NH reports first COVID-19 related death of a child

·3 min read

Dec. 20—State health officials have confirmed the first person under age 18 to have died from complications related to COVID-19 in New Hampshire.

The death occurred in September in another state and was identified after COVID-19 was listed as a cause of death on the recently finalized death certificate, officials at the Departmentof Health and Humans Services (DHHS) announced Monday.

The child's name and age were not released. DHHS would only say that the child was under the age of 18 and was too young to have been vaccinated.

Vaccines were approved for children ages 12 to 15 years old in May, but kids ages 5 to 11 were unable to get the vaccine until last month.

"We are all saddened by this loss and give our condolences to the family," Dr. Benjamin Chan, state epidemiologist said in a statement. "It continues to be important for us all to take steps to protect those who are not yet able to be vaccinated, and those who are vulnerable and at risk for severe COVID-19."

Between 25% to 30% of all new COVID-19 infections in New Hampshire involve individuals under the age of 18.

"Everybody 5 years of age or older should get vaccinated to protect themselves and others from COVID-19, and everybody 16 years of age or older who has already completed a primary vaccination series should get a booster dose to have the highest level of protection," DHHS said in a release.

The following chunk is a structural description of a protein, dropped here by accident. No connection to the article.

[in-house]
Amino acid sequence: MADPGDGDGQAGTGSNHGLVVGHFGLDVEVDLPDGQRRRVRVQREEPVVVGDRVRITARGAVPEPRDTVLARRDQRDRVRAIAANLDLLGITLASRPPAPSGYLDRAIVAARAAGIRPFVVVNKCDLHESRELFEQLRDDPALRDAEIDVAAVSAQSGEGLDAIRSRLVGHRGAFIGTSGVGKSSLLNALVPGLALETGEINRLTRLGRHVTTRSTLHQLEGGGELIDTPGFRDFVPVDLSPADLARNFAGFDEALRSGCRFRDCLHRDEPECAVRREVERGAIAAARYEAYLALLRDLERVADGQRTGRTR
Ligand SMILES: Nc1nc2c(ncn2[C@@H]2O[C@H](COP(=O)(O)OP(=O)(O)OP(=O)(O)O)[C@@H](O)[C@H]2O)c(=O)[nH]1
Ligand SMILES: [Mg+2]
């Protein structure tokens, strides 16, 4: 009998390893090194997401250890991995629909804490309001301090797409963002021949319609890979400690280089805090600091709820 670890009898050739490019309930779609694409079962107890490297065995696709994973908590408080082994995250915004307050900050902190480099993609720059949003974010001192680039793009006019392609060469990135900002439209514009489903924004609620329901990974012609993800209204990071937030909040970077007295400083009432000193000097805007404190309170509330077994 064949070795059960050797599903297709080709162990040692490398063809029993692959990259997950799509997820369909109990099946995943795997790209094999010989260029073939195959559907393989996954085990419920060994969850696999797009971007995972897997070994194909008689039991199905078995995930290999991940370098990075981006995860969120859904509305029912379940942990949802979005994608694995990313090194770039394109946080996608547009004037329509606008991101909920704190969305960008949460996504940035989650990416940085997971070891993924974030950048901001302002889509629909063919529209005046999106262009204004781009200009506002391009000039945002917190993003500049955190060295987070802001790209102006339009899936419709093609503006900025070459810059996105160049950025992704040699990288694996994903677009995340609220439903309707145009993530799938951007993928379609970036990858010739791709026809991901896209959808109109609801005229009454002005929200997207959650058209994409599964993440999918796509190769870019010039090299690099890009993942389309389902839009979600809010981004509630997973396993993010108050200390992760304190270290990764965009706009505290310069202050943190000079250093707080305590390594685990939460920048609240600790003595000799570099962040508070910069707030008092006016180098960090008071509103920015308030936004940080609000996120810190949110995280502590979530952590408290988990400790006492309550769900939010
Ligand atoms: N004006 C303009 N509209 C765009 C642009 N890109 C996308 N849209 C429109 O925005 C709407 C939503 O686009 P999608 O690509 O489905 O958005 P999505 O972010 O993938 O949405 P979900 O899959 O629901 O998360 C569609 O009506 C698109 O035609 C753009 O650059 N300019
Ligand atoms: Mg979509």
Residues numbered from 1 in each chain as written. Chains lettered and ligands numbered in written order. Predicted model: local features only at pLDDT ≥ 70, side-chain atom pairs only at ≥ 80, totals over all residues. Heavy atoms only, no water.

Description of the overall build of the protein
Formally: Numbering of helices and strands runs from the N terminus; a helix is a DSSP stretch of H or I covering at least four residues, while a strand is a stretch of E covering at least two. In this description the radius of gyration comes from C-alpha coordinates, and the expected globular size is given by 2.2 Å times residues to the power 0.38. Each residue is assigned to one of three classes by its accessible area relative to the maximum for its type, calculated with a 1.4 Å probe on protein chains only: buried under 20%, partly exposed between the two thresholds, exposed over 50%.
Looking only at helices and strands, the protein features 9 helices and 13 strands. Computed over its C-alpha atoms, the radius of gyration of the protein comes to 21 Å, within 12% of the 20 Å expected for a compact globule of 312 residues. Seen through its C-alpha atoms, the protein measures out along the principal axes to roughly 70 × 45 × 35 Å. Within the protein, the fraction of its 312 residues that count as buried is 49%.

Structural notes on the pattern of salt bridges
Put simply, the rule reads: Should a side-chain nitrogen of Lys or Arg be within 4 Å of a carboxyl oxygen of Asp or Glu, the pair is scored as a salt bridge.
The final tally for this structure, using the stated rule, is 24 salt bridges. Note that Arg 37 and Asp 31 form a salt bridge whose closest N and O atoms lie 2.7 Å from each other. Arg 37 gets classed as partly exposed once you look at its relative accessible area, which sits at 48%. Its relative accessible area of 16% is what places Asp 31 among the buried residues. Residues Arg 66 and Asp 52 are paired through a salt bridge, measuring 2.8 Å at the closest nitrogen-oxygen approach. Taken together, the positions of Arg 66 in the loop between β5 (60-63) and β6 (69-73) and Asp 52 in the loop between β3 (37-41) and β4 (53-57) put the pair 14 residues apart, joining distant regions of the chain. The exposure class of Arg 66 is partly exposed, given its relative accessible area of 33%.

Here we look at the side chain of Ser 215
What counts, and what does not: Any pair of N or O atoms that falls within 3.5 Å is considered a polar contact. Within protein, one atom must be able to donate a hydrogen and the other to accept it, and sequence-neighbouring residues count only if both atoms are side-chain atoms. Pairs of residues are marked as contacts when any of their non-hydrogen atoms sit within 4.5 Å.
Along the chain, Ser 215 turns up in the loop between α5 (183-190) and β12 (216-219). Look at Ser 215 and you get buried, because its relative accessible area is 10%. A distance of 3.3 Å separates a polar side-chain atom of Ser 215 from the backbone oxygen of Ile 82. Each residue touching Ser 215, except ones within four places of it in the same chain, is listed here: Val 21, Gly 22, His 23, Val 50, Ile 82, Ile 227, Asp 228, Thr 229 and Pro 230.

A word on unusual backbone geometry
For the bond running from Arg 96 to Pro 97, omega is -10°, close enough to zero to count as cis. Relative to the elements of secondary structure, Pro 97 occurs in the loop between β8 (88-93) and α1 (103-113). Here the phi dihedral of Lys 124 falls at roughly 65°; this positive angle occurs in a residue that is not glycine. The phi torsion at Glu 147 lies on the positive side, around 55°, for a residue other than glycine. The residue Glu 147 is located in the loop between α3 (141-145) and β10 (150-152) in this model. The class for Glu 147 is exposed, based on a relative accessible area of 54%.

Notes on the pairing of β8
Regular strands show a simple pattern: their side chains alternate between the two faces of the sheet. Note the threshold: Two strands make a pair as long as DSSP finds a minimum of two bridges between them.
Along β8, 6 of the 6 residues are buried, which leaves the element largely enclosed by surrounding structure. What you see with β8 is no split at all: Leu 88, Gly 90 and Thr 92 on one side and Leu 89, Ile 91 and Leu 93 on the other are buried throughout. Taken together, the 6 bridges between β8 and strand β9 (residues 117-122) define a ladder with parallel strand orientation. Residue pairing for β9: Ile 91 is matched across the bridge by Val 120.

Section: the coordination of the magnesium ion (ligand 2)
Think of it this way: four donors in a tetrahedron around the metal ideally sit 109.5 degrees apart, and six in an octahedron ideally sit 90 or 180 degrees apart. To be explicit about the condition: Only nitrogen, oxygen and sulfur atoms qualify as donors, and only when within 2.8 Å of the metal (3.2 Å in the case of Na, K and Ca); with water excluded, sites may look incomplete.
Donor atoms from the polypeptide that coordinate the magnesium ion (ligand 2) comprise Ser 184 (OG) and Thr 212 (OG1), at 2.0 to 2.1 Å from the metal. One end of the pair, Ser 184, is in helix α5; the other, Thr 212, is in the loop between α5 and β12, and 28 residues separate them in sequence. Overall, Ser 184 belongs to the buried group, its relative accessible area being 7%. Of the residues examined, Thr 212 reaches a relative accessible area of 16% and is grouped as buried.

Information on where to get vaccinated in New Hampshire is available at vaccines.nh.gov.

According to the American Academy of Pediatrics and the Children's Hospital Association (AAPCHA), as of Dec. 16 almost 7.4 million children have tested positive for COVID-19 since the onset of the pandemic. COVID cases among children are extremely high, with nearly 170,000 child cases added the past week, an increase of nearly 28% over the last 2 weeks.

Child COVID-19 cases are above 100,000 for the 19th week in a row, according to AAPCHA. Since the first week of September, there have been over 2.3 million additional child cases.

The age distribution of reported COVID-19 cases was provided on the health department websites of 49 states, New York City, the District of Columbia, Puerto Rico, and Guam.

Since the pandemic began, children represented 17.3% of total cases. For the week ending Dec. 16, children were 23.7% of reported weekly COVID-19 cases (children under age 18).

"At this time, it appears that severe illness due to COVID-19 is uncommon among children," AAPCHA said in a release. "However, there is an urgent need to collect more data on longer-term impacts of the pandemic on children, including ways the virus may harm the long-term physical health of infected children, as well as its emotional and mental health effects."

On Monday, DHHS reported 7 new deaths and 3,186 new cases over the weekend — 1,257 new cases from Dec. 19, 1,664 cases from Dec. 18, and 265 cases from Dec. 17. There are currently 8,504 cases of COVID-19 in New Hampshire and 436 hospitalizations.

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